Lend-lease Bill: Hearings Before the Committee on Foreign Affairs, Unites States Senate, Seventy-seventh Congress, First Session on H.R. 1776, a Bill Further to Promote the Defense of the United States, and for Other Purposes. January 15, 16, 17, 18, 21, 22, 23, 24, 25, 29, 1941
U.S. Government Printing Office, 1941 - Debts, Public - 692 pages
Considers legislation to authorize the President to order military assistance for WWII European allies. Includes discussion of consequences of U.S. involvement in European and Pacific conflicts in violation of international non-intervention agreements. Also considers possible impact of German seizure of South American financial assets on U.S. defense.
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agree Ambassador American answer Army attack authority bases believe bill Britain British BULLITT CASTLE certainly CHAIRMAN CHIPERFIELD Colonel LINDBERGH committee concerned Congress consider Constitution course danger defense Department discussion dollars effect England entirely Europe fact favor feel fighting Fish follow force foreign Germany give given going Government hands Hitler important interest Italy JOHNSON JONKMAN keep KENNEDY Knox KNUDSEN legislation limit materials matter mean military mind MORGENTHAU MUNDT Navy necessary neutrality object opinion passed peace planes position possible prepared present President production provisions question reason reference RICHARDS ROGERS Secretary Hull Secretary STIMSON seems SHANLEY ships situation South statement Thank thing THOMAS thought TINKHAM tion true trying understand United Vorys whole witness
Page 1 - Notwithstanding the provisions of any other law, the President may, from time to time, when he deems it in the interest of national defense, authorize the Secretary of War, the Secretary of the Navy, or the head of any other department or agency of the Government...
Page 32 - ... authorized from time to time by the Congress, or both, any defense article for any such government, or to procure any or all such services by private contract. (4) To communicate to any such government any defense information, pertaining to any defense article furnished to such government under paragraph (2) of this subsection.
Page 1 - There is hereby authorized to be appropriated from time to time, out of any money in the Treasury not otherwise appropriated, such amounts as may be necessary to carry out the provisions and accomplish the purposes of this Act.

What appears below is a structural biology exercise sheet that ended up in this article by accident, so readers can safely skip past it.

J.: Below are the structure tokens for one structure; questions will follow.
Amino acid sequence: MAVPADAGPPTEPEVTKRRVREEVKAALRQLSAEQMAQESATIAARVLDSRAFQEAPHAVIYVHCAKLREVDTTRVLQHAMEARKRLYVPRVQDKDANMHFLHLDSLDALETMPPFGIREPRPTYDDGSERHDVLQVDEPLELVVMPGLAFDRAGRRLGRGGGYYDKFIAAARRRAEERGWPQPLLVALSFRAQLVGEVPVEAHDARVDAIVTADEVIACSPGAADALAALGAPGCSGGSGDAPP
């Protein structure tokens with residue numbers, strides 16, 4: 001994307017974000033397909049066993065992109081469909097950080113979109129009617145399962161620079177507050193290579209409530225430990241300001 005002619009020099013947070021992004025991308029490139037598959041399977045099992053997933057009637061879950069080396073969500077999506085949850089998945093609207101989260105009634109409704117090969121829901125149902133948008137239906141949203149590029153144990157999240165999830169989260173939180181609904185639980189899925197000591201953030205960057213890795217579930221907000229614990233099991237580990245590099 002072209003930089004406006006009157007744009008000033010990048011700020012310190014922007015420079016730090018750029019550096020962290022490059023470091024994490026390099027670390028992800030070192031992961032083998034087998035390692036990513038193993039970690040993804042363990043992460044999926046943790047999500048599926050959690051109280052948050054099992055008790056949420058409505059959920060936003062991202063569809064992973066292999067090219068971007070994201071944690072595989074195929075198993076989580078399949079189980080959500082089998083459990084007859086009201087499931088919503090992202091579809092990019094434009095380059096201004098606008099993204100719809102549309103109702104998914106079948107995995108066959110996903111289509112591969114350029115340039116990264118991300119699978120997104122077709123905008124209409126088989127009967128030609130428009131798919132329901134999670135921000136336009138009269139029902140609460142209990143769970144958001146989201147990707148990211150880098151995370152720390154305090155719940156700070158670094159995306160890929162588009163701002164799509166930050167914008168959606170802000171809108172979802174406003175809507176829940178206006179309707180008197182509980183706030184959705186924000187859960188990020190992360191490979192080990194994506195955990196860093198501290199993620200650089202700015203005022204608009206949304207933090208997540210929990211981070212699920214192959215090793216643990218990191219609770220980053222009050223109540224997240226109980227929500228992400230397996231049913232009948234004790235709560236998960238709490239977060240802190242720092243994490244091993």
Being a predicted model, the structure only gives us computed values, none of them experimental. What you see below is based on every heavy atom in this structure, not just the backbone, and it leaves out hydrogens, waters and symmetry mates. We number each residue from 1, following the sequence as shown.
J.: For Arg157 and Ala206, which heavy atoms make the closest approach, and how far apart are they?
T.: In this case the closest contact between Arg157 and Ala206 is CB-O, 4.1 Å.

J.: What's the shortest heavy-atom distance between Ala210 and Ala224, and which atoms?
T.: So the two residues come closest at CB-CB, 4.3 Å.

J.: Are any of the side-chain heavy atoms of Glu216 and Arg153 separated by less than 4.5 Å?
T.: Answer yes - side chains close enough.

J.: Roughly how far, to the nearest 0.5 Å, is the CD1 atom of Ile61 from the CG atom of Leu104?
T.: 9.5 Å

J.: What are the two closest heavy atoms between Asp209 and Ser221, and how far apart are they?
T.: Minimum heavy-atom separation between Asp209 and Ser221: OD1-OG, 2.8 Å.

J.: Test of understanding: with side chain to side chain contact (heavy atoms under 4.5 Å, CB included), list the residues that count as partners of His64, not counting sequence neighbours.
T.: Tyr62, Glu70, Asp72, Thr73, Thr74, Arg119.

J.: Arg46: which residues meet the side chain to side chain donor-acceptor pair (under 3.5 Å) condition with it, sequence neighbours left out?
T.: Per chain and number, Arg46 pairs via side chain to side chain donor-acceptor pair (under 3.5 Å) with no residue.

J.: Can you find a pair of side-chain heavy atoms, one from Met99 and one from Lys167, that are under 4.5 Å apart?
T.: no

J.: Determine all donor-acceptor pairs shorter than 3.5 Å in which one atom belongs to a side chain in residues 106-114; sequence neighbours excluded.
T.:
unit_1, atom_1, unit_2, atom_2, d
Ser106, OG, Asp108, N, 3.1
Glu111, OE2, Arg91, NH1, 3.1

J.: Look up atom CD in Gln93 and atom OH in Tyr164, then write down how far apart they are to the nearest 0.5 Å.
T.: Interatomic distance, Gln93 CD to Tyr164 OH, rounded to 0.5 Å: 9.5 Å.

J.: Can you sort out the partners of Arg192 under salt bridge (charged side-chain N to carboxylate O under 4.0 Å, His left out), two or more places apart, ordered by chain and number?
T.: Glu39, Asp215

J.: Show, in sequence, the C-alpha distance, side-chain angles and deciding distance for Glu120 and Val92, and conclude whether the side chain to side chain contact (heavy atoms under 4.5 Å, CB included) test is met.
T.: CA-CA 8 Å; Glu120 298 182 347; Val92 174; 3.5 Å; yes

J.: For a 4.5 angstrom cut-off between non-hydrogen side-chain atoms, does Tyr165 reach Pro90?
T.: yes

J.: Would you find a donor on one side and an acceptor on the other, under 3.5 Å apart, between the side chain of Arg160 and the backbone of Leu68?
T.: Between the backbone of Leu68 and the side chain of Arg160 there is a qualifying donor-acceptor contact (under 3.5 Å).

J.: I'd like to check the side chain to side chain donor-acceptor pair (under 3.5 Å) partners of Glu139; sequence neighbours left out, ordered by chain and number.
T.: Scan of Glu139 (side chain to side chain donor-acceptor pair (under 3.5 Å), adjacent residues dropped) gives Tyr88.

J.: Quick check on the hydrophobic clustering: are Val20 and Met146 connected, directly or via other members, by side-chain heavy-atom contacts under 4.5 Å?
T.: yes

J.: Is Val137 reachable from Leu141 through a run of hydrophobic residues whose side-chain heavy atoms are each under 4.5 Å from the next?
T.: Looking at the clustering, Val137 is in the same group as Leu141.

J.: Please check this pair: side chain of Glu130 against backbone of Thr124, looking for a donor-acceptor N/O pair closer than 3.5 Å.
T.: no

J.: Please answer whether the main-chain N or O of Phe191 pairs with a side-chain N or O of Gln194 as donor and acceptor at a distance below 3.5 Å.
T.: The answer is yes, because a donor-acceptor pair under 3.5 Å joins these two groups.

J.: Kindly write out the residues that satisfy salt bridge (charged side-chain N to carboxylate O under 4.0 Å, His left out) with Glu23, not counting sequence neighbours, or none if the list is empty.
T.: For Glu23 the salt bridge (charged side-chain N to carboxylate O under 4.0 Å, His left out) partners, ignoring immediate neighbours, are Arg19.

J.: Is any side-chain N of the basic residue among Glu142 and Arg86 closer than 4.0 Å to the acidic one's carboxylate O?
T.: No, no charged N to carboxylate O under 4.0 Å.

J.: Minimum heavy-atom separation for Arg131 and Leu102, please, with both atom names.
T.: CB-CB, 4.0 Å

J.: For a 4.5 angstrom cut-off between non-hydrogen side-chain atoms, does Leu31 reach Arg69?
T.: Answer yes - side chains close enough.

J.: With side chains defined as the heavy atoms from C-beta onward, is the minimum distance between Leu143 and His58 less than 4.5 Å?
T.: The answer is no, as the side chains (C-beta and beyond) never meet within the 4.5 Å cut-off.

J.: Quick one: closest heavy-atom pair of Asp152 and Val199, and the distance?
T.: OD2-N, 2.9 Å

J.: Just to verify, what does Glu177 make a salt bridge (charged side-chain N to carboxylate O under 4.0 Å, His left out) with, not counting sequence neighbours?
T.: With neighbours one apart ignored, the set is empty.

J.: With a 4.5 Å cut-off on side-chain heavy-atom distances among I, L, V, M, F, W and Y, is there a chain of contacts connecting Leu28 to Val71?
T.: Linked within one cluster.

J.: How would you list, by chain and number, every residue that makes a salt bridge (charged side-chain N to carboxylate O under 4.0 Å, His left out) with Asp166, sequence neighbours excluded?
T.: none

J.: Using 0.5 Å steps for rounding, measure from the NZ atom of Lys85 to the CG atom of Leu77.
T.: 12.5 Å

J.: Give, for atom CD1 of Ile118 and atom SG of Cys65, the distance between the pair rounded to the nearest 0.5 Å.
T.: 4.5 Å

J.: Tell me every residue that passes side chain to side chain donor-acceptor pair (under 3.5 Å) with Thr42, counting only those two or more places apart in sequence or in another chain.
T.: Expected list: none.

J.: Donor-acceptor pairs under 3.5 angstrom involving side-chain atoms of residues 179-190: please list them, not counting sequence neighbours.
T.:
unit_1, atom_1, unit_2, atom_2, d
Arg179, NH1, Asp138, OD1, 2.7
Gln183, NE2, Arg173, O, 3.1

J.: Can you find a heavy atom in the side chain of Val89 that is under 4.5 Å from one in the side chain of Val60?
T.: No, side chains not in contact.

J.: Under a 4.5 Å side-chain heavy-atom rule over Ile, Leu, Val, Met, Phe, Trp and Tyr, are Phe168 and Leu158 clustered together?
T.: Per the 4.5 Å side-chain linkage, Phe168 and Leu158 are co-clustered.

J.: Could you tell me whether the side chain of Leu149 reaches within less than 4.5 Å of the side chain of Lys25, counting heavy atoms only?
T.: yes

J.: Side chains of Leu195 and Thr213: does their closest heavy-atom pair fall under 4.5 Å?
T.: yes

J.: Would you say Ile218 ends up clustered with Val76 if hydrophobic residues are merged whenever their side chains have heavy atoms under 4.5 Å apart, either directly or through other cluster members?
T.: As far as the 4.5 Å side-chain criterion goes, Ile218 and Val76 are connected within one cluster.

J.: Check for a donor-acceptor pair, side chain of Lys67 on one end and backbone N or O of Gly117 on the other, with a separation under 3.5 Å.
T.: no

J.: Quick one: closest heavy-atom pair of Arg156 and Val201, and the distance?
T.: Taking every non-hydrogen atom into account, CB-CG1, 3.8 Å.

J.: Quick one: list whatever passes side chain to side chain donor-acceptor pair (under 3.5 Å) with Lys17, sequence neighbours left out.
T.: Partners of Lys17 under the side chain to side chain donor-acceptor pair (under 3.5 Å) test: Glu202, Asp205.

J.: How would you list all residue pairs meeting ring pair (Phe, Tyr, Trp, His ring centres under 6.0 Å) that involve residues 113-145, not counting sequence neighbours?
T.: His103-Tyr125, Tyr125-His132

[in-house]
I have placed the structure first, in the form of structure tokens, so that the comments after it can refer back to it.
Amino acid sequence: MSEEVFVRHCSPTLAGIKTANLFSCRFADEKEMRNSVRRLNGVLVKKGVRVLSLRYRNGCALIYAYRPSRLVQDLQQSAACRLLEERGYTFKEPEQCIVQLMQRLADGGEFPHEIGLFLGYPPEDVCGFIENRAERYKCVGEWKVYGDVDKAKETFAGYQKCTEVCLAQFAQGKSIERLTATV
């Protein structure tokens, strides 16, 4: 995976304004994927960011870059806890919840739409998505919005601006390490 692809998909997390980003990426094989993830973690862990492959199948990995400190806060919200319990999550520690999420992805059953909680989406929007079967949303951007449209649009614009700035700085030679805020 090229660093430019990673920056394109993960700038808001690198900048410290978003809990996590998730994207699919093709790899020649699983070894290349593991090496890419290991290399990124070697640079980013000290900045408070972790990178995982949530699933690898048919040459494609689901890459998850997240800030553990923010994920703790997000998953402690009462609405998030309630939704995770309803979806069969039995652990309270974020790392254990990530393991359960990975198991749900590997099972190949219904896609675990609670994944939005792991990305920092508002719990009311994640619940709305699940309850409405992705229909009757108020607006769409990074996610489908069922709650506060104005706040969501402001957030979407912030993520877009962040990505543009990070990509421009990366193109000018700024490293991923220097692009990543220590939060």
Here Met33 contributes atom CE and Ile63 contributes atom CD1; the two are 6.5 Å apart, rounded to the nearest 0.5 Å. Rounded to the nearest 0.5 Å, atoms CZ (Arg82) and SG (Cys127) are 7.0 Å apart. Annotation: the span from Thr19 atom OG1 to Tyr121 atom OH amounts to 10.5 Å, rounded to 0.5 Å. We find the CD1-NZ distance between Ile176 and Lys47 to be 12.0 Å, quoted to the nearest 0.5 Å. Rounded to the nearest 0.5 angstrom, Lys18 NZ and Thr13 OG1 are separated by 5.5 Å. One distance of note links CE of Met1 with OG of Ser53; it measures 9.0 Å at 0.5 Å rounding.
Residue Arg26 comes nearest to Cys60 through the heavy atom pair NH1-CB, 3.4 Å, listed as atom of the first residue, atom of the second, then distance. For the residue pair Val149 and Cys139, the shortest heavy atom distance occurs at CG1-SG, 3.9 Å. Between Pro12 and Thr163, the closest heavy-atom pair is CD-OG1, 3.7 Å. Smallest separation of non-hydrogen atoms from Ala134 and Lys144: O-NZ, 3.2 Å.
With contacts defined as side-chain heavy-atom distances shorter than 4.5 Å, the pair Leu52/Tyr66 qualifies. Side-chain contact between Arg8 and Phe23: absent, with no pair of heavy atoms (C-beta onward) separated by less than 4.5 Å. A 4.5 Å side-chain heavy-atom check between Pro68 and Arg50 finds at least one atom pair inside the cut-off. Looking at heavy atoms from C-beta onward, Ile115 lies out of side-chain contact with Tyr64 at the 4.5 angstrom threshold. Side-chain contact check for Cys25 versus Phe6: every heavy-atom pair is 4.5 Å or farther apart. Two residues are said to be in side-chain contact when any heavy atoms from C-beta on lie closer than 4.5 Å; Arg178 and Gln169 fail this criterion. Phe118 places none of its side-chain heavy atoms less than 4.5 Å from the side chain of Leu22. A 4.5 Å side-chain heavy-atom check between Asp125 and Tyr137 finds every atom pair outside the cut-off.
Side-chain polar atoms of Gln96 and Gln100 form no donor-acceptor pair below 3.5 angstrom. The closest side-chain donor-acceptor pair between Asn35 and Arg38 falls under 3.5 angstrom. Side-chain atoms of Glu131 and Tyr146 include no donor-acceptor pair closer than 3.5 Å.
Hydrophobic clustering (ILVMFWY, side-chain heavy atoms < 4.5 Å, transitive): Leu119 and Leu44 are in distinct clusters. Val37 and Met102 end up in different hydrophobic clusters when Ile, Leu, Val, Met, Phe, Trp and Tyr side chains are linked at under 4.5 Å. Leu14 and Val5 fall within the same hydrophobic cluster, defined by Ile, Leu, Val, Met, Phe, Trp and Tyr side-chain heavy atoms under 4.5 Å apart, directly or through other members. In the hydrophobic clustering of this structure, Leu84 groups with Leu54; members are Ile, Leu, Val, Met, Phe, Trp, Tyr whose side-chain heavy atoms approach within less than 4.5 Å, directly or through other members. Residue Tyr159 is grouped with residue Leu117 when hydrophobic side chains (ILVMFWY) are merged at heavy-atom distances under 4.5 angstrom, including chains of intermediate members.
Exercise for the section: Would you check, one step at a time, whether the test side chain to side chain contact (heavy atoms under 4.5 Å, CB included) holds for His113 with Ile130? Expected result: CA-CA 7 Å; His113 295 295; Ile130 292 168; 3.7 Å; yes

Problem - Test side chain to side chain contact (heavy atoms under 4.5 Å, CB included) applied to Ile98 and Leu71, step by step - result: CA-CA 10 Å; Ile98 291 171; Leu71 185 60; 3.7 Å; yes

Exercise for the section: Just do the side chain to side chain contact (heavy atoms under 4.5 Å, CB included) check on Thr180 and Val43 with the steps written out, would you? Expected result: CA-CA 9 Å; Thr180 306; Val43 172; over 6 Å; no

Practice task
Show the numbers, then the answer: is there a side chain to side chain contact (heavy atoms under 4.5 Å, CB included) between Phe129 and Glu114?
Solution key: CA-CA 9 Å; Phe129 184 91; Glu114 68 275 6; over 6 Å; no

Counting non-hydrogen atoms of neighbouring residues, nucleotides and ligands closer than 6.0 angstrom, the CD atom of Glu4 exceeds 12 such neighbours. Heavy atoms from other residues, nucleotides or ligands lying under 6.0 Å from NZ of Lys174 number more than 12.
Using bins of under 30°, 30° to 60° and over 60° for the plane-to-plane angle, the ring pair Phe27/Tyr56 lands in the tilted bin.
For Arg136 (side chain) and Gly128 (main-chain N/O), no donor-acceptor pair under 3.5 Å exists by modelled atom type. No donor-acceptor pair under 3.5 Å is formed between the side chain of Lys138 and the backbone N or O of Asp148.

Page 553 - States, it would be superfluous for me to point out to your lordship that THIS is WAR.
Page 56 - The terms and conditions upon which any such foreign government receives any aid authorized under subsection (a) shall be those which the President deems satisfactory, and the benefit to the United States may be payment or repayment in kind or property, or any other direct or indirect benefit which the President deems satisfactory.
Page 99 - Pact or of any rule of international law, do all or any of the following things: (a) Refuse to admit the exercise by the State violating the Pact of belligerent rights, such as visit and search, blockade, etc.; (b) Decline to observe towards the State violating the Pact the duties prescribed by international law, apart from the Pact, for a neutral in relation to a belligerent ; (c) Supply the State attacked with financial or material assistance, including munitions of war; (d) Assist with armed forces...
Page 470 - That the President of the United States, as Commander in Chief of the Army, is...
Page 16 - The President may, from time to time, promulgate such rules and regulations as may be necessary and proper to carry out any of the provisions of this Act ; and he may exercise any power or authority conferred on him by this Act through such department, agency, or officer as he shall direct.
Page 517 - Our policy in regard to Europe, which was adopted at an early stage of the wars which have so long agitated that quarter of the globe, nevertheless remains the same, which is, not to interfere in the internal concerns of any of its powers; to consider the government de facto as the legitimate government for us; to cultivate friendly relations with it, and to preserve those relations by a frank, firm, and manly policy, meeting, in all instances, the just claims of every power; submitting to injuries...